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Falk's LeBron comments way off the mark

Once upon a time, David Falk was a powerhouse agent in the NBA and his impressive client roster included Michael Jordan. These days, Falk has a much lower profile, but he got some rare media attention recently by commenting on the impending free agency of LeBron James.

“He should not play in Chicago; he will always compete with Michael Jordan,” Falk told SI.com. “He should not play in L.A.; he will always compete with Kobe Bryant. LeBron needs his own identity.

“The worst place in the world for LeBron to go is Chicago. If he doesn’t win six championships, he is a failure. If he doesn’t win the MVP five times, he is a failure. Every night he walks into the building he will walk past the statue of Michael Jordan. LeBron is too big. He should not have to play in the shadow of Michael Jordan.”

There are so many things wrong with that statement, I don’t know where to begin. For starters, the players enter the United Center from the West side of the building and the Jordan statue in on the East side. Unless he makes a special trip, James never will see the Jordan statue.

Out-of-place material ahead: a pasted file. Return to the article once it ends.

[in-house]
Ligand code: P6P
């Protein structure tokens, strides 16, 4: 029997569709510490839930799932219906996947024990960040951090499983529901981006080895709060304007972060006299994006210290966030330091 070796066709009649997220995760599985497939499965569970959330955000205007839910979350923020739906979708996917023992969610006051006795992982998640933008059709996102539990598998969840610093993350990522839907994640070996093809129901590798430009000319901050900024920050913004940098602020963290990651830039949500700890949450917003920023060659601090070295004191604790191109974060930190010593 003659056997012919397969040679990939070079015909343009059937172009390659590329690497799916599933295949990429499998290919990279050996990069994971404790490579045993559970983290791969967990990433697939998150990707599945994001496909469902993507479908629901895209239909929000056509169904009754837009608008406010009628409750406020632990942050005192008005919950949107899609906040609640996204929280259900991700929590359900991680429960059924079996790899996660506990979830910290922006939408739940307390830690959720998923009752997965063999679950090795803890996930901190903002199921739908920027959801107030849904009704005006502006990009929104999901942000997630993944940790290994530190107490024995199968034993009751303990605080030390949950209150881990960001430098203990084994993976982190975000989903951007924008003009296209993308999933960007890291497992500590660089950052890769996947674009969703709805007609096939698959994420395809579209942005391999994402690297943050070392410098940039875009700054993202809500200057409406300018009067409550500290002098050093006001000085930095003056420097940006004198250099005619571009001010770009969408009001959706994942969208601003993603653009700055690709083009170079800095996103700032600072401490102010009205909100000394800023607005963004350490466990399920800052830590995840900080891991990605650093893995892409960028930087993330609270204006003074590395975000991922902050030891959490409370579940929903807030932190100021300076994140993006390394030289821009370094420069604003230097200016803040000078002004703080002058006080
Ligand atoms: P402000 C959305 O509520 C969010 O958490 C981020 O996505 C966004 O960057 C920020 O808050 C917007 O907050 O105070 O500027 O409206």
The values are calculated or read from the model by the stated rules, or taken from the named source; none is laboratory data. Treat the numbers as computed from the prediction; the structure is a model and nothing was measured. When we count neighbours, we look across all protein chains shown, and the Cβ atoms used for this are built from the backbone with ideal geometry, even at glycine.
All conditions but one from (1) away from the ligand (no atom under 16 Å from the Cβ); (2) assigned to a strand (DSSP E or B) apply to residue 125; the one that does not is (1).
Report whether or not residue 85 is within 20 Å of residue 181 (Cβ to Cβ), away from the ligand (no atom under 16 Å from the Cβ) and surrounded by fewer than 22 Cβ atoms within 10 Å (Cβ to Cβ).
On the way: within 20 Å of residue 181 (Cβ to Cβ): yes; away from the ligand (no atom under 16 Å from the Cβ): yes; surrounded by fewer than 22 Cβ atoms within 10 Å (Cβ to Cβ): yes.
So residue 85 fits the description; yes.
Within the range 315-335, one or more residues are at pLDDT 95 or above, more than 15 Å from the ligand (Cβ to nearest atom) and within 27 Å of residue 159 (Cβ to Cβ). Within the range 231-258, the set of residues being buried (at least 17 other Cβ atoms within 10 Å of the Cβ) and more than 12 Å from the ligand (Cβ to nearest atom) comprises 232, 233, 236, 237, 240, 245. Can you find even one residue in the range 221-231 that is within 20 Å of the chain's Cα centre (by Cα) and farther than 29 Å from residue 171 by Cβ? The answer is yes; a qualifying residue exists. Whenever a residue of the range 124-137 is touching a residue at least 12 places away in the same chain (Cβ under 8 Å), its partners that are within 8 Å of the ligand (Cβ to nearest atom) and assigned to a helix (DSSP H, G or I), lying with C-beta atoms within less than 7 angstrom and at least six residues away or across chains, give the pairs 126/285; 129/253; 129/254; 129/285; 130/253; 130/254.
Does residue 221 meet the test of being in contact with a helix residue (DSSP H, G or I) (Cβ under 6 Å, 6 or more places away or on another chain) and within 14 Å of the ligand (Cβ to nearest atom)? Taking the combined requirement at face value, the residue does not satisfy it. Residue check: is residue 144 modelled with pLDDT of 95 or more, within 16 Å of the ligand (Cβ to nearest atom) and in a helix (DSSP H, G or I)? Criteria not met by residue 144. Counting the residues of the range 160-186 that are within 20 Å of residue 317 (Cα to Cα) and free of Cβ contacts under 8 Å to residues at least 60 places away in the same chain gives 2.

That’s a minor issue, though. The major problem with Falk’s comment is that he appears to assume there can only be one great player per franchise.

According to Falk’s logic, Kevin Garnett never should have joined the Boston Celtics because he won’t be able to match Larry Bird’s string of championships. By the way, I guess Bird shouldn’t have gone to the Celtics because there was no way he could compete with Bull Russell’s 11 titles.

As for the Lakers, Kobe Bryant’s image hasn’t been hampered by playing with the same franchise as Magic Johnson, Kareem Abdul-Jabbar and Jerry West.

The truth of the matter is great franchises have multiple great players. Their accomplishments aren’t dissected and compared as much as Falk indicates.

Bulls fans aren’t giddy about the prospects of signing James because they believe he’ll match Jordan’s accomplishments. They’re excited because adding James could mean another glory era of playing basketball into June in Chicago on a yearly basis.

If James “only” manages to win two or three championships, only a few misguided Bulls fans would be disappointed with that.